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A scientific deep-dive into the impact of (gamified) assessments on future job performance predictions
A scientific deep-dive into the impact of (gamified) assessments on future job performance predictions
Elise Loopuijt avatar
Written by Elise Loopuijt
Updated over a week ago

This article is written by Jesper van Gelder, Equalture’s Head of Customer Success. Jesper has a bachelor’s degree in Organisational Psychology and a master’s degree in Sports & Performance Psychology. As our Head of Customer Success, Jesper is responsible for making our science tangible for our customers, in order to help them hire the best-fits in an unbiased manner.


It’s a common question: Why should I trust gamified assessments instead of experience & education (i.e. CV’s), motivational letters & references, when hiring a new team member? In this article, we will answer this question by providing you with a summary of years of research that has been done into the area of future performance predictions.

The power of prediction to avoid making a wrong decision

Preventing wrong hiring decisions can be done by predicting their future performance. Predicting performance might seem like an abstract construct, or you might have the feeling that it’s very hard to do based on your current way of working. Luckily, this has been a subject of scientific research for a long time and we’d like to share the most commonly accepted theories and results with you.

Bad predictors of future performance

According to meta-analyses based on over 100 years of research, job experience and education are the worst predictors of job performance:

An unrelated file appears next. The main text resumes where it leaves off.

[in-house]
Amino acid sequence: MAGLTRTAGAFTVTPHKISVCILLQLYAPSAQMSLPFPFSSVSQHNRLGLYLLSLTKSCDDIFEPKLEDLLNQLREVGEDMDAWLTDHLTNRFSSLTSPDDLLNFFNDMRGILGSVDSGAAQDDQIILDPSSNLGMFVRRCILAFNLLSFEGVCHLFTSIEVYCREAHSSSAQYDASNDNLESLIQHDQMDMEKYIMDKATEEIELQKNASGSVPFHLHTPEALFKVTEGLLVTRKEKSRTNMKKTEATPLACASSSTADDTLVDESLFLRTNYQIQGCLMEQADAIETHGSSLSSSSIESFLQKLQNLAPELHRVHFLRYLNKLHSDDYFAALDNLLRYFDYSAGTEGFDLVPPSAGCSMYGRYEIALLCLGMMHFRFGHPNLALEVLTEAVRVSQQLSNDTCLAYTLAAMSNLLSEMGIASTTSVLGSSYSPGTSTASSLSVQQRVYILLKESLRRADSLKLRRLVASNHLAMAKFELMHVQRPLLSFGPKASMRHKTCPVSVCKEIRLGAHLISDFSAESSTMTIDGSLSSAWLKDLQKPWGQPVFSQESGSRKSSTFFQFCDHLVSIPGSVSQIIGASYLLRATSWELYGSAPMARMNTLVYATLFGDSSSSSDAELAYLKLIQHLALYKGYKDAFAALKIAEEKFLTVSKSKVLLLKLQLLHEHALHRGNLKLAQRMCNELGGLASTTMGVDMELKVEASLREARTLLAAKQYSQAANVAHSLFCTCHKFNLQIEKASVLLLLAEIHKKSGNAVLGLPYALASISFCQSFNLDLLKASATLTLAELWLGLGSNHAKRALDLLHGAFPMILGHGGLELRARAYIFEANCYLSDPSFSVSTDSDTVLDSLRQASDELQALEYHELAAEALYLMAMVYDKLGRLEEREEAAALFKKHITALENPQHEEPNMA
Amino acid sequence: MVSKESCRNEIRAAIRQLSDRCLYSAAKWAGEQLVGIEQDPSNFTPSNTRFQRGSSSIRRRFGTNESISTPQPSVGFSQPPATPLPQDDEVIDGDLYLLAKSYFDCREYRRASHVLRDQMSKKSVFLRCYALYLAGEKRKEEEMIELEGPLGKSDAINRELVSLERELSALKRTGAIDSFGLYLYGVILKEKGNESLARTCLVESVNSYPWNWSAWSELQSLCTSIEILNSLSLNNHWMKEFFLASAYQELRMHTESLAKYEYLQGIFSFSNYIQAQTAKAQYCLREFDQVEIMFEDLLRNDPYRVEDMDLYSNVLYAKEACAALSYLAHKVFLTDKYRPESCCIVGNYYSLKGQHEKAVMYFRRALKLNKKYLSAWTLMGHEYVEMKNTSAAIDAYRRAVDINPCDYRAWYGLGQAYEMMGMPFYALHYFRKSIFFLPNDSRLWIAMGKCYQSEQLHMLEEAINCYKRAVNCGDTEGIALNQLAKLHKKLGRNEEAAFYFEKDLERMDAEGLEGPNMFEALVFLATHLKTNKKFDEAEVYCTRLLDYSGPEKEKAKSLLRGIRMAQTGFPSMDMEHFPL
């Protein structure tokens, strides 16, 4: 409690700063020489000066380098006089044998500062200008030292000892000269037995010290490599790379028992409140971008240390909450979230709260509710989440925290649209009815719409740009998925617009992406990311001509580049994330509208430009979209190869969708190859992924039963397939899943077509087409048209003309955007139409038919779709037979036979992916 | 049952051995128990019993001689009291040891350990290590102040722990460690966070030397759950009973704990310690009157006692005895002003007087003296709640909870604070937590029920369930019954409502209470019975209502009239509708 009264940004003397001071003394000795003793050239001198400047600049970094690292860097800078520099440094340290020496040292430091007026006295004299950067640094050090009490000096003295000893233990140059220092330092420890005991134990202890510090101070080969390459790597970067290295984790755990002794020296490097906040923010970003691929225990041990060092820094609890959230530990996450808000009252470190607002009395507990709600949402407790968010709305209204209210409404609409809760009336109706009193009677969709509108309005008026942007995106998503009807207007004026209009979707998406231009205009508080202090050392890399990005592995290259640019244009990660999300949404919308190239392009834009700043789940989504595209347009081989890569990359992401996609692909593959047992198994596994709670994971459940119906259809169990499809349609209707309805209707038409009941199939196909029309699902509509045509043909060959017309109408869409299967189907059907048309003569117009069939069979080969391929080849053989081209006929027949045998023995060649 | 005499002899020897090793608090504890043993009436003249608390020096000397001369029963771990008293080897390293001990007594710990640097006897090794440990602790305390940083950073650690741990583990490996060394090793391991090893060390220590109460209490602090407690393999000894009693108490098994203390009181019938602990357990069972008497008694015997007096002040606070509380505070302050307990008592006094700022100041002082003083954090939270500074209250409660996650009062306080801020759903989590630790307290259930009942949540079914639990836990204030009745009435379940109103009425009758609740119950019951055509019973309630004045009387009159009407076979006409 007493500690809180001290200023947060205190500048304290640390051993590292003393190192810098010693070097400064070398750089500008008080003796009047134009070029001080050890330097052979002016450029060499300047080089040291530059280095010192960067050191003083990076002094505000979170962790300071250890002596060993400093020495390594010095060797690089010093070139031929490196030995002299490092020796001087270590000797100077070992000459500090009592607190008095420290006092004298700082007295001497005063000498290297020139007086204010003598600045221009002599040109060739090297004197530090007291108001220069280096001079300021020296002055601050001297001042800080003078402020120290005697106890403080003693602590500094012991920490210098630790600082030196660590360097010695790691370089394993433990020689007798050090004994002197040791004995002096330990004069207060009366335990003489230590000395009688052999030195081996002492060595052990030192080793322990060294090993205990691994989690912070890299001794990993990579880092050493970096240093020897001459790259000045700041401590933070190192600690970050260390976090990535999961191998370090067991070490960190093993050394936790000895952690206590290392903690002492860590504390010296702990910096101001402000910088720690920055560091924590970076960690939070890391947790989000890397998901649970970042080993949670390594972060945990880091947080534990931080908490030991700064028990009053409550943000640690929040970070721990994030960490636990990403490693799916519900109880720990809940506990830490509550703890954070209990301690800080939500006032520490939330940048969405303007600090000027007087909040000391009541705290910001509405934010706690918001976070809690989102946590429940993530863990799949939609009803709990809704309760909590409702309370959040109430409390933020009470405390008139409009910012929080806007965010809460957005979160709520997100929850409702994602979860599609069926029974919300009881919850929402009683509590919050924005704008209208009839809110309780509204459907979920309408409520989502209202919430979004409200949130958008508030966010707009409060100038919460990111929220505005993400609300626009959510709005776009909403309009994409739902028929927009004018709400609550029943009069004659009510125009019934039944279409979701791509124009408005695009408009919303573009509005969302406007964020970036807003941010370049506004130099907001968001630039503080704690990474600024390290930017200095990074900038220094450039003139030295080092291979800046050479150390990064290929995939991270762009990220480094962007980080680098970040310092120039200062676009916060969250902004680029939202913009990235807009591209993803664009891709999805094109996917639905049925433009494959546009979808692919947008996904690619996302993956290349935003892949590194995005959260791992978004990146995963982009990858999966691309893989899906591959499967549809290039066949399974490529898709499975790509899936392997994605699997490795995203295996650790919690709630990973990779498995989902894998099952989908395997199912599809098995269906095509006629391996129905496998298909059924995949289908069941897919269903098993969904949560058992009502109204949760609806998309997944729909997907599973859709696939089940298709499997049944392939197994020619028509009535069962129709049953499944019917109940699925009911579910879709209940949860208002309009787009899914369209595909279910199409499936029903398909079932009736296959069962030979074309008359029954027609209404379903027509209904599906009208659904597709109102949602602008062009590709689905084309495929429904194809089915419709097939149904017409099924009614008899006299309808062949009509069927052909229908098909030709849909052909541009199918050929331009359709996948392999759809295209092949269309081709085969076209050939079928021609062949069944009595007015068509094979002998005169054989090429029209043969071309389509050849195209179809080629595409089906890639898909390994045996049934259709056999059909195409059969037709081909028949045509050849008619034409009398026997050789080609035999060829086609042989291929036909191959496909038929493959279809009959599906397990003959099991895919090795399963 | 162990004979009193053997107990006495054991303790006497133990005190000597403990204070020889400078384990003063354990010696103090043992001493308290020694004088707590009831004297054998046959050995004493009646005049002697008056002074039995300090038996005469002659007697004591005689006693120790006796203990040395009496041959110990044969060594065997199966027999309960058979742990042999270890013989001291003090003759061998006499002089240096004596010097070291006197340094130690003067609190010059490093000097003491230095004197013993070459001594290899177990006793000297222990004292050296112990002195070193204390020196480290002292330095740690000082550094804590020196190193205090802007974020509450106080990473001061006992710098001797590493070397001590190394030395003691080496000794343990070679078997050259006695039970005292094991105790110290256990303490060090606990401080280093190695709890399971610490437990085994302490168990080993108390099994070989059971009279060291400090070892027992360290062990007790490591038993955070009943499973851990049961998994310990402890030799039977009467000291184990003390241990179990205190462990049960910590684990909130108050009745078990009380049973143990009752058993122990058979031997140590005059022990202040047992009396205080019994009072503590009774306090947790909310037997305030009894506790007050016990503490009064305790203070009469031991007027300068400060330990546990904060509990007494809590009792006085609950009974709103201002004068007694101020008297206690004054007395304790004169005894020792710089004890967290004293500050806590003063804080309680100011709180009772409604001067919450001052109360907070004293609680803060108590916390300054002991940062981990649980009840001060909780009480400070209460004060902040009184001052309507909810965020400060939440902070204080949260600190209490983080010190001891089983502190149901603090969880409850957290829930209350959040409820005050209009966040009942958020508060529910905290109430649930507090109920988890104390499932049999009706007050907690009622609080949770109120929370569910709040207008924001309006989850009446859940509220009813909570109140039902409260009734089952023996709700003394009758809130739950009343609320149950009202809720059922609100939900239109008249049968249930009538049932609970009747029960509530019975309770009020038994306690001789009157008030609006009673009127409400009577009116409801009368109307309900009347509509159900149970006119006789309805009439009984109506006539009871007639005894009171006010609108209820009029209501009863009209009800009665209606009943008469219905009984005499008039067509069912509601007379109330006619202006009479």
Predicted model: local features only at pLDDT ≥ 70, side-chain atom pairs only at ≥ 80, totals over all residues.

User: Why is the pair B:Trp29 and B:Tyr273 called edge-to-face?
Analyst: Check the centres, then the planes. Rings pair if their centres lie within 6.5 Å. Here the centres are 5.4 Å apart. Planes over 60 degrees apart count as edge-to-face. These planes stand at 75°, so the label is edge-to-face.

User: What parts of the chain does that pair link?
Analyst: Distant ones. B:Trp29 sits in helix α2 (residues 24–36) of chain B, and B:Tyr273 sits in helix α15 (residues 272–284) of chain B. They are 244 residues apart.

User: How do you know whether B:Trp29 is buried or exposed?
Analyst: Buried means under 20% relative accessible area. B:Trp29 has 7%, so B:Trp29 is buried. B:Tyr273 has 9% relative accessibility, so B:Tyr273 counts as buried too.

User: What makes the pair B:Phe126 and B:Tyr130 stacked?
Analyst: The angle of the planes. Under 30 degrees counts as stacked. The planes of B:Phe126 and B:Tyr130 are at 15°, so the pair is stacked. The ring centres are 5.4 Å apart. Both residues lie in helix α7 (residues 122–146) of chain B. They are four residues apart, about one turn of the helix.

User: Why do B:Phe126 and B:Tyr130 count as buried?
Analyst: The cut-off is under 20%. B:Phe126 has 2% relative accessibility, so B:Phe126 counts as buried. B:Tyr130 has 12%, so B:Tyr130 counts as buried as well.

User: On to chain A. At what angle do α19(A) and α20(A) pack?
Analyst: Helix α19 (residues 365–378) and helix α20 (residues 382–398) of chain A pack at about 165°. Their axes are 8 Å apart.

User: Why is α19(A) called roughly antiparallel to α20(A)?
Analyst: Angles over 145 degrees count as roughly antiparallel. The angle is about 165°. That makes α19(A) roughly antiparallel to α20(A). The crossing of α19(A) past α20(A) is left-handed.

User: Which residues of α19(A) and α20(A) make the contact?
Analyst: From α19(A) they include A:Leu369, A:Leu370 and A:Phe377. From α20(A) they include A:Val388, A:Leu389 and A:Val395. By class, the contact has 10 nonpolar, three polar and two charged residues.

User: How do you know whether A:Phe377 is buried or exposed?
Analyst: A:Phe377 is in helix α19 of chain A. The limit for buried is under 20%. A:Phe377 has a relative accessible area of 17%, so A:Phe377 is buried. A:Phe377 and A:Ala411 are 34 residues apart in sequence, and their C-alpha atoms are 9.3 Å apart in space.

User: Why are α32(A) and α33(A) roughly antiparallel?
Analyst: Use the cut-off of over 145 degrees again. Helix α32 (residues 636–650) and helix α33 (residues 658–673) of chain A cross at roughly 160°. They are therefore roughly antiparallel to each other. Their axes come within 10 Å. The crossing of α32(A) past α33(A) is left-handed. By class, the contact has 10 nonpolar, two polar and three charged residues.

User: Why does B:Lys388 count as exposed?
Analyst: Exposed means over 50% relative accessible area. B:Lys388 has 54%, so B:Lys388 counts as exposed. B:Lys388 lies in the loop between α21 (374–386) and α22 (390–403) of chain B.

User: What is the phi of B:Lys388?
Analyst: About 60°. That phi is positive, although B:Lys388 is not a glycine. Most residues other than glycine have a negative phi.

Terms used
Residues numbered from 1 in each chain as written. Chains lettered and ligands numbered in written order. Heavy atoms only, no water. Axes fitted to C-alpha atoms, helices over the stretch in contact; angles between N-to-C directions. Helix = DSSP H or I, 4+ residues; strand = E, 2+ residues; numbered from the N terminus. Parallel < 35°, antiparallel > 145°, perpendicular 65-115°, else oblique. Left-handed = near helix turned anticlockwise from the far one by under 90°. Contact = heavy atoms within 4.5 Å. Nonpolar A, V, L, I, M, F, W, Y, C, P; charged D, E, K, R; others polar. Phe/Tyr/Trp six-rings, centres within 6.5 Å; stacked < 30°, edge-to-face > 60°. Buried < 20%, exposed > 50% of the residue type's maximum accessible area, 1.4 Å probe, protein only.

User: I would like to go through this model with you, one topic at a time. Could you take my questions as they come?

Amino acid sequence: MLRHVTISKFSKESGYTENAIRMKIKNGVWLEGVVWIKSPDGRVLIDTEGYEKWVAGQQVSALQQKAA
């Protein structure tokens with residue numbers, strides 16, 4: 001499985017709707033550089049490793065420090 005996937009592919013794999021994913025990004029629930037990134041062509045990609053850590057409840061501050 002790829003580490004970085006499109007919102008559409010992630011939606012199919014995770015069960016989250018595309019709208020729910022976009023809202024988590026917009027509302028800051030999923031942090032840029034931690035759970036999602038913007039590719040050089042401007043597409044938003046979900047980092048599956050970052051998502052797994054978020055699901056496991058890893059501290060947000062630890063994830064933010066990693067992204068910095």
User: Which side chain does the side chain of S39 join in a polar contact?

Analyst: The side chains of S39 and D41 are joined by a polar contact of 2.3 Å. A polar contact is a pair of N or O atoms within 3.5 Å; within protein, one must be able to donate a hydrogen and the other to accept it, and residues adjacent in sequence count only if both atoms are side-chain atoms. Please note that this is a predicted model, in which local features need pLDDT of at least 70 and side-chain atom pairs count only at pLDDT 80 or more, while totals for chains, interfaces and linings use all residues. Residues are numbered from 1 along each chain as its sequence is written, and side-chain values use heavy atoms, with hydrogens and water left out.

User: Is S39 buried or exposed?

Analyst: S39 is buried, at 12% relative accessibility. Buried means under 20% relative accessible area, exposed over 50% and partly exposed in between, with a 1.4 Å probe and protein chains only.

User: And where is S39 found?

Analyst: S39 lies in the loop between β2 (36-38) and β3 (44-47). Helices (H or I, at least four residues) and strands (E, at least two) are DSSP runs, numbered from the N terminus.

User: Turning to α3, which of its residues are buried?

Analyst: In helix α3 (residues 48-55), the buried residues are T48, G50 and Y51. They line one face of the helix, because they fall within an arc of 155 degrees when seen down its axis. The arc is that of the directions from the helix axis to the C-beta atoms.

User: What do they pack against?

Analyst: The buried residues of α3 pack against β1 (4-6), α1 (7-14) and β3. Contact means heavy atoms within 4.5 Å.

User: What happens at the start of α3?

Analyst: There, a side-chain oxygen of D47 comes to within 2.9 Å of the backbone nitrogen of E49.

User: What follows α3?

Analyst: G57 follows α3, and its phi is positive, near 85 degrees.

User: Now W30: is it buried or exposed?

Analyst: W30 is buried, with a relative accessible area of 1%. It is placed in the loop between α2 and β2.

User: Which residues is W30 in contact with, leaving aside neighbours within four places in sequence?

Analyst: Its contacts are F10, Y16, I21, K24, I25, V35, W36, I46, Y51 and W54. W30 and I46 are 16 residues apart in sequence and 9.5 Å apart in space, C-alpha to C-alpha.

• The correlation between job experience and performance is .16.

  • The correlation between education and performance is .10.

Especially in an early stage of the hiring process, you should consider other options that give you a better and more efficient overview of what to expect from a future employee.

Good predictors

General Cognitive Ability (GCA) is the #1 most important trait determinant of job performance. It has the highest validity and also the lowest application costs. It is also the best predictor of job-related learning. GCA is also known as the g-factor, it is essentially the ability to learn. People that score higher on GCA acquire more knowledge in a shorter timespan. In short, a range of correlations have been found between GCA scores and performance, but the minimum correlation stands at .51, with an average of .65. When the job complexity increases the predictive validity of GCA can get up to an impressive .74.

Other predictors that should be mentioned are interviews (either structured/unstructured) and peer ratings, but they are either very time-consuming and costly (interviews) or might be difficult to acquire and add no extra predictive power when you’re using GCA (peer ratings). On top of that, they are less effective in predicting future performance compared to GCA. Structured interviews are however relevant in a later stage of the hiring process, but we’ll get back to that later in this article.

Equalture’s role

Since we measure both cognitive flexibility and problem-solving ability, major components of GCA, we can therefore say that a high score on both these games should lead to candidates that are more likely to perform well. We have neuroscientists in our own Science team, in our board and we work with assessment agencies to make sure that we actually put our money where our mouth is. The results of our clients speak for themselves; they report an average 67% increase in the quality of their hires, while the time to hire on average decreases by 54%. To make sure that the neuroscientific games are actually a valid indicator of the traits they measure, we validate them against other scientifically proven types of assessments that measure the same traits. If both of these scores correlate, we know that that particular game is a scientifically proven way of measuring the corresponding trait. This is called construct validation.

Why gamified assessments instead of traditional tests